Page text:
MARC JACOBS – THE BOY WONDER OF FASHION

Fashion Avenue News, Model World Magazine and The Fashion Dynasty – these Luxury Brands bring you the best of the World of Fashion.  Coming to our pages is Fabulous Designer Marc Jacobs.  Take a look

Marc Jacobs_28_3b_marc_20jacobs_20rf17_200371

Marc Jacobs_3_0e_marc_20jacobs_20rf17_200058

Designer Marc Jacobs is powerhouse in the fashion world fueled by the success of his own eponymous label.

“I don’t think, ‘Gee, I’d like to dress this person.’ There was a picture in Us magazine. It was a jersey dress, and Courtney Love was wearing it. I have this thing about Courtney Love, this funny worship.”

—Marc Jacobs

Marc Jacobs was born April 9, 1963 in New York City. Marc’s life was completely altered following the death of his father at the age of 7. He would eventually move in with his grandmother and that made all the difference. Marc entered the Parsons School of Design and later landed a position at Perry Ellis. He was creative director for Louis Vuitton from 1997 to 2014. Jacobs started his own labels, Marc Jacobs and Marc by Marc Jacobs, and he continues to be a powerhouse in the fashion world.

Early Life

Fashion Designer. Born April 9, 1963, in New York City. Jacobs’ home life was turned upside-down at the age of 7, when his father died from ulcerative colitis—a condition that Marc also suffered from. According to Jacobs, his mother responded poorly to his father’s death, embarking on a life of power dating and failed marriages that caused serious upheaval in the family. With each remarriage, Jacobs and his siblings would be forced to relocate to a new home, bouncing from New Jersey to Long Island and then the Bronx.

Marc Jacobs_17_dc_marc_20jacobs_20rf17_200226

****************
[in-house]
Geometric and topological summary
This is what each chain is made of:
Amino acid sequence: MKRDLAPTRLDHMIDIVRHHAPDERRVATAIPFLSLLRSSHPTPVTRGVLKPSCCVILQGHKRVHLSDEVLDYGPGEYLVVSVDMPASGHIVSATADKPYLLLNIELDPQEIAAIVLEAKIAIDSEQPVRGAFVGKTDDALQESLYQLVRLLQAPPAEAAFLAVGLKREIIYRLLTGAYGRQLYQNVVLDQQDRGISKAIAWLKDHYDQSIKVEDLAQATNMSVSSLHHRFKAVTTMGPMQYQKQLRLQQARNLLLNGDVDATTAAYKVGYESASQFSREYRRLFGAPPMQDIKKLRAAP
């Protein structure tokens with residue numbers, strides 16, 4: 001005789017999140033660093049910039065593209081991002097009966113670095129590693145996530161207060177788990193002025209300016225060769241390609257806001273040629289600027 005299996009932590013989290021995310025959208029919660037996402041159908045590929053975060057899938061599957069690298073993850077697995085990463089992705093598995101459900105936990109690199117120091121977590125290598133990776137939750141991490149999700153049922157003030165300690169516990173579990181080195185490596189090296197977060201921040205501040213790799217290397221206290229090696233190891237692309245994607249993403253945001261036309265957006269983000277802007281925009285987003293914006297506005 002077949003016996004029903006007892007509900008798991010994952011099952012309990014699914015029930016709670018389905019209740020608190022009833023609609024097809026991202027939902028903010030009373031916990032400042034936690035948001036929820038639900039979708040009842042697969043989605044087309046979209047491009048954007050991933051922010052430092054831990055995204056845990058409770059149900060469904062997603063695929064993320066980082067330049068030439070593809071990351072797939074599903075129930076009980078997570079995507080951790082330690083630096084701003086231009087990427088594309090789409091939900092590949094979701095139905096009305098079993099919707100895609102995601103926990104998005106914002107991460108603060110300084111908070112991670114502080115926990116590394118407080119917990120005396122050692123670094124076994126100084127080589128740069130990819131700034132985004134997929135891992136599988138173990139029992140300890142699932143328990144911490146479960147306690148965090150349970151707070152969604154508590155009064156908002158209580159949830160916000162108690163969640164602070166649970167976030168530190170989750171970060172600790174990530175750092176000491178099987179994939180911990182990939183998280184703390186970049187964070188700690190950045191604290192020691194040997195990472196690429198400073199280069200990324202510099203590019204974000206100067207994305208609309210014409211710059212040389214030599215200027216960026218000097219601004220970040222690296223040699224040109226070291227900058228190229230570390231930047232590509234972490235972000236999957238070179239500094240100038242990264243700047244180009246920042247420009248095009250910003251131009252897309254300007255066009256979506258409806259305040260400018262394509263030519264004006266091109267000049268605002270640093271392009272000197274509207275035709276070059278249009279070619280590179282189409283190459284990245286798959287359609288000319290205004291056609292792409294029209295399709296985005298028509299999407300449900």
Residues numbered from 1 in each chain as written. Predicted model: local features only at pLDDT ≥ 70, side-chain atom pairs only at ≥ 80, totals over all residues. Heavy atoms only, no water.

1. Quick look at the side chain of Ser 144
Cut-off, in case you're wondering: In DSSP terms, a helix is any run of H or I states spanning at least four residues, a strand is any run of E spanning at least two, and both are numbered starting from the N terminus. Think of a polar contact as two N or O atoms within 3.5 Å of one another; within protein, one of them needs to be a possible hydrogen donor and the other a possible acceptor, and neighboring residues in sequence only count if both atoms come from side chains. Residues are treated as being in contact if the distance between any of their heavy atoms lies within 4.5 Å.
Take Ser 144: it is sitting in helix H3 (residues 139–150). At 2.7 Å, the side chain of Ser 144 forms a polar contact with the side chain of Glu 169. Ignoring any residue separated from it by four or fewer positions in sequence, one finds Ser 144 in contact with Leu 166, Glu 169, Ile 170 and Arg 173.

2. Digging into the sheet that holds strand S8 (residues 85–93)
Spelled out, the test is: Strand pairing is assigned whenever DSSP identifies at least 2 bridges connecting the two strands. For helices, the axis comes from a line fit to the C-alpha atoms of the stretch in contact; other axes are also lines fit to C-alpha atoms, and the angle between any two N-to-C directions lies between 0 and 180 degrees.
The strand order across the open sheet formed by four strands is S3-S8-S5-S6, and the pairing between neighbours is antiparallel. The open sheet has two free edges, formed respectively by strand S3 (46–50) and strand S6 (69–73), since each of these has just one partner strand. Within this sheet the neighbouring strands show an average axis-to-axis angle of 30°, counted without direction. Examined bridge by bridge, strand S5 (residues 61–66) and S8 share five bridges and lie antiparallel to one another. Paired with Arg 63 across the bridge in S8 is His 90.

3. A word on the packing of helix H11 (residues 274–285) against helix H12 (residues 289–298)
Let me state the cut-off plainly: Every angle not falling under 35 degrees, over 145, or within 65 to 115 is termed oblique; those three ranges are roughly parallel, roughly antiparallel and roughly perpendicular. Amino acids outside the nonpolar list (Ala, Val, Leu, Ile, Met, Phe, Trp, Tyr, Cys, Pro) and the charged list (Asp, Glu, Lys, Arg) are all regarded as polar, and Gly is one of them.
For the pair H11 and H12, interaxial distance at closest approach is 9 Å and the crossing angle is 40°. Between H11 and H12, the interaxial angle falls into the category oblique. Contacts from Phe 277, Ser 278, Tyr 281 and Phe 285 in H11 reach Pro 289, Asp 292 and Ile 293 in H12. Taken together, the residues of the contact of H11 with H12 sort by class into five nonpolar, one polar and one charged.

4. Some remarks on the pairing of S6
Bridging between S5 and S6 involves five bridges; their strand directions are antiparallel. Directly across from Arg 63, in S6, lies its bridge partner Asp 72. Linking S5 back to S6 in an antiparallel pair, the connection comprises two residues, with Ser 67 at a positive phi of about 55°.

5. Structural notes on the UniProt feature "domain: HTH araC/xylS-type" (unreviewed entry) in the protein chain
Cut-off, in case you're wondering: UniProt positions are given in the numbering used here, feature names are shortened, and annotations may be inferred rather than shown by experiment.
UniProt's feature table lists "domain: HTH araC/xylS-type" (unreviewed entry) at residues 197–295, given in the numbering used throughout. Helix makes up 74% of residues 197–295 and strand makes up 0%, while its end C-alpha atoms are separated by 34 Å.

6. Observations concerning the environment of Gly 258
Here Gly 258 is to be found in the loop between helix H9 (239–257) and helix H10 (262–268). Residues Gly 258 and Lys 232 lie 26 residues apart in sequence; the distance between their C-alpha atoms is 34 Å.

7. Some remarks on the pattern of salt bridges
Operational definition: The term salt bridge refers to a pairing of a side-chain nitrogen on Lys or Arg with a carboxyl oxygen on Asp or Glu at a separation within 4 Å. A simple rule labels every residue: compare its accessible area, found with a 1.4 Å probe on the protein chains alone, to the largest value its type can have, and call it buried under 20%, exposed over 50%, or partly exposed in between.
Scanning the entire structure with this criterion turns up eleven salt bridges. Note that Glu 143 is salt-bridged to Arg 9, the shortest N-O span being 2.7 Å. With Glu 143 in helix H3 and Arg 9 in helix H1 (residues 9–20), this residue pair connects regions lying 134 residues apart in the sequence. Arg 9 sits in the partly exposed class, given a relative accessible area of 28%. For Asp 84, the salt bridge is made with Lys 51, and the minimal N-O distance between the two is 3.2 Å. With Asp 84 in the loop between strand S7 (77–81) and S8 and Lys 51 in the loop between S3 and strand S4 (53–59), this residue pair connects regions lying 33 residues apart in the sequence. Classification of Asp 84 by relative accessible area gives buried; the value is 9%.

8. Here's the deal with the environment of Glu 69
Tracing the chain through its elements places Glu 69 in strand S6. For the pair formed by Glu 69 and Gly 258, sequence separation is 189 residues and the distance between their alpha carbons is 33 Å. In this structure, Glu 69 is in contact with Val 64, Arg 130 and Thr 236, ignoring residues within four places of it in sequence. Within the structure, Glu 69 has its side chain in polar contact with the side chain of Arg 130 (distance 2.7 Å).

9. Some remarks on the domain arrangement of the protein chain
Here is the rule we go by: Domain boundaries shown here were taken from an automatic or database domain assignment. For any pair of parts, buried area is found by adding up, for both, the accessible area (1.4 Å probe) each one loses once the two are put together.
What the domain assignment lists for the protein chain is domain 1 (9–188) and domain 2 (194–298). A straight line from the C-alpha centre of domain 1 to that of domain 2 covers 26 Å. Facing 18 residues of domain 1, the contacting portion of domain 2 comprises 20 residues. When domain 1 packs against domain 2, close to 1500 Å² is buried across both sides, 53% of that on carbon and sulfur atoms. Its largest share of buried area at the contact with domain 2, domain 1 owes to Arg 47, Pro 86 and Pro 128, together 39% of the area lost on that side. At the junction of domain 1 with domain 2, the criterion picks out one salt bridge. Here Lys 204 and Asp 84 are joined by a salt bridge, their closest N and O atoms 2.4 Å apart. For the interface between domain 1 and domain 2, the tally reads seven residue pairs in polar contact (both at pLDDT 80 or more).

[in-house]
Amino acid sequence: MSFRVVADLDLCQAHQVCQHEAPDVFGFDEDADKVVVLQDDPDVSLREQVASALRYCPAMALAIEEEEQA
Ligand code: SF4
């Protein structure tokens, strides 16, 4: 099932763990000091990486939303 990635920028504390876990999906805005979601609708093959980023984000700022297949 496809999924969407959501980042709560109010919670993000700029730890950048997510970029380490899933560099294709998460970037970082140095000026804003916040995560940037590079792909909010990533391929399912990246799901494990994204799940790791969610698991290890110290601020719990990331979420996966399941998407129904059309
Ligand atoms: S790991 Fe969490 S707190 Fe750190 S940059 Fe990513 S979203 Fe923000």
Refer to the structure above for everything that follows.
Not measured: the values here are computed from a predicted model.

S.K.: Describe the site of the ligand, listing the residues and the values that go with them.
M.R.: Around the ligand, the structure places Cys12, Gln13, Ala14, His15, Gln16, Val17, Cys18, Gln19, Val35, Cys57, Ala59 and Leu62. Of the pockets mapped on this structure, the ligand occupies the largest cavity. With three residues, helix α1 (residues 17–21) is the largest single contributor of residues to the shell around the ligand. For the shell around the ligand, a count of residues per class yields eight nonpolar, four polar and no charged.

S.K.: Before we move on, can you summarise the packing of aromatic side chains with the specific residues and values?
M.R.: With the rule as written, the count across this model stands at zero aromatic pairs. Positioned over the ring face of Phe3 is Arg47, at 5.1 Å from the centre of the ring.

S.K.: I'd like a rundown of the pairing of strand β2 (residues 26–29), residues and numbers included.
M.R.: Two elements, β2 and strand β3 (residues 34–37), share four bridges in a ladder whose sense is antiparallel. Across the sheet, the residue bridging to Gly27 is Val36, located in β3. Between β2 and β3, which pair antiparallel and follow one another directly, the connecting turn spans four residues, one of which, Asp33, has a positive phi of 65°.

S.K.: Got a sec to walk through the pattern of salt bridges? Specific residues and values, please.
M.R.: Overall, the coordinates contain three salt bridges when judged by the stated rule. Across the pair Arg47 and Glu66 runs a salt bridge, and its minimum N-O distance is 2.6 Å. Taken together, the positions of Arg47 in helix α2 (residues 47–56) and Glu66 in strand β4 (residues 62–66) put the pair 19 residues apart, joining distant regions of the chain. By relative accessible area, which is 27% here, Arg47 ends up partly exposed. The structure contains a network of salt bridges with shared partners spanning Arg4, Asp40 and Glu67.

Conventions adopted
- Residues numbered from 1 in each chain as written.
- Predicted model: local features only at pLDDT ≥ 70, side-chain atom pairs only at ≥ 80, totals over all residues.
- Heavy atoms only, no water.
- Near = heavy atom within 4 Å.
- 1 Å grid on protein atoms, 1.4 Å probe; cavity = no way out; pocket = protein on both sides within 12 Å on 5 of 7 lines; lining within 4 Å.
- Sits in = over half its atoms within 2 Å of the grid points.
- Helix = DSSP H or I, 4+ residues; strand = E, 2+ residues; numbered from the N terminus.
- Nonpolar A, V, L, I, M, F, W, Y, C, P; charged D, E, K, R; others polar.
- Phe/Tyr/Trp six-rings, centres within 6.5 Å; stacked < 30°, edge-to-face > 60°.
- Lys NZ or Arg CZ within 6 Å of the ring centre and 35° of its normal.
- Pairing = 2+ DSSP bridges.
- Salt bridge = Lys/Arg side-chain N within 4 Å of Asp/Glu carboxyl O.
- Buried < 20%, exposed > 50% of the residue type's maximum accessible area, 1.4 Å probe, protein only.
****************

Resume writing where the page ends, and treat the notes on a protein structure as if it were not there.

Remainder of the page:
Feeling alienated from his mother and siblings, Jacobs moved in with his paternal grandmother on the Upper West Side of Manhattan when he was still a teenager. It was while living with his grandmother that Jacobs truly felt at home; well-traveled and educated, her love of aesthetically beautiful things and her appreciation for Jacobs’ creative designs helped the grandmother and grandson forge a close relationship. “I always say I lived my life with my grandmother,” Jacobs says. “She was emotionally stable, and she was very encouraging to me.” Jacobs’ grandmother also allowed Jacobs to enjoy a permissive adolescence full of self-exploration. “No one ever said ‘no’ to me about anything,” he said. “No one ever told me anything was wrong. Never. No one ever said, ‘You can’t be a fashion designer.’ No one ever said, ‘You’re a boy and you can’t take tap-dancing lessons.’ No one ever said, ‘You’re a boy and you can’t have long hair.’ No one ever said, ‘You can’t go out at night because you’re 15 and 15-year-olds don’t go to nightclubs.’ No one said it was wrong to be gay or right to be straight.”

Fashion Prodigy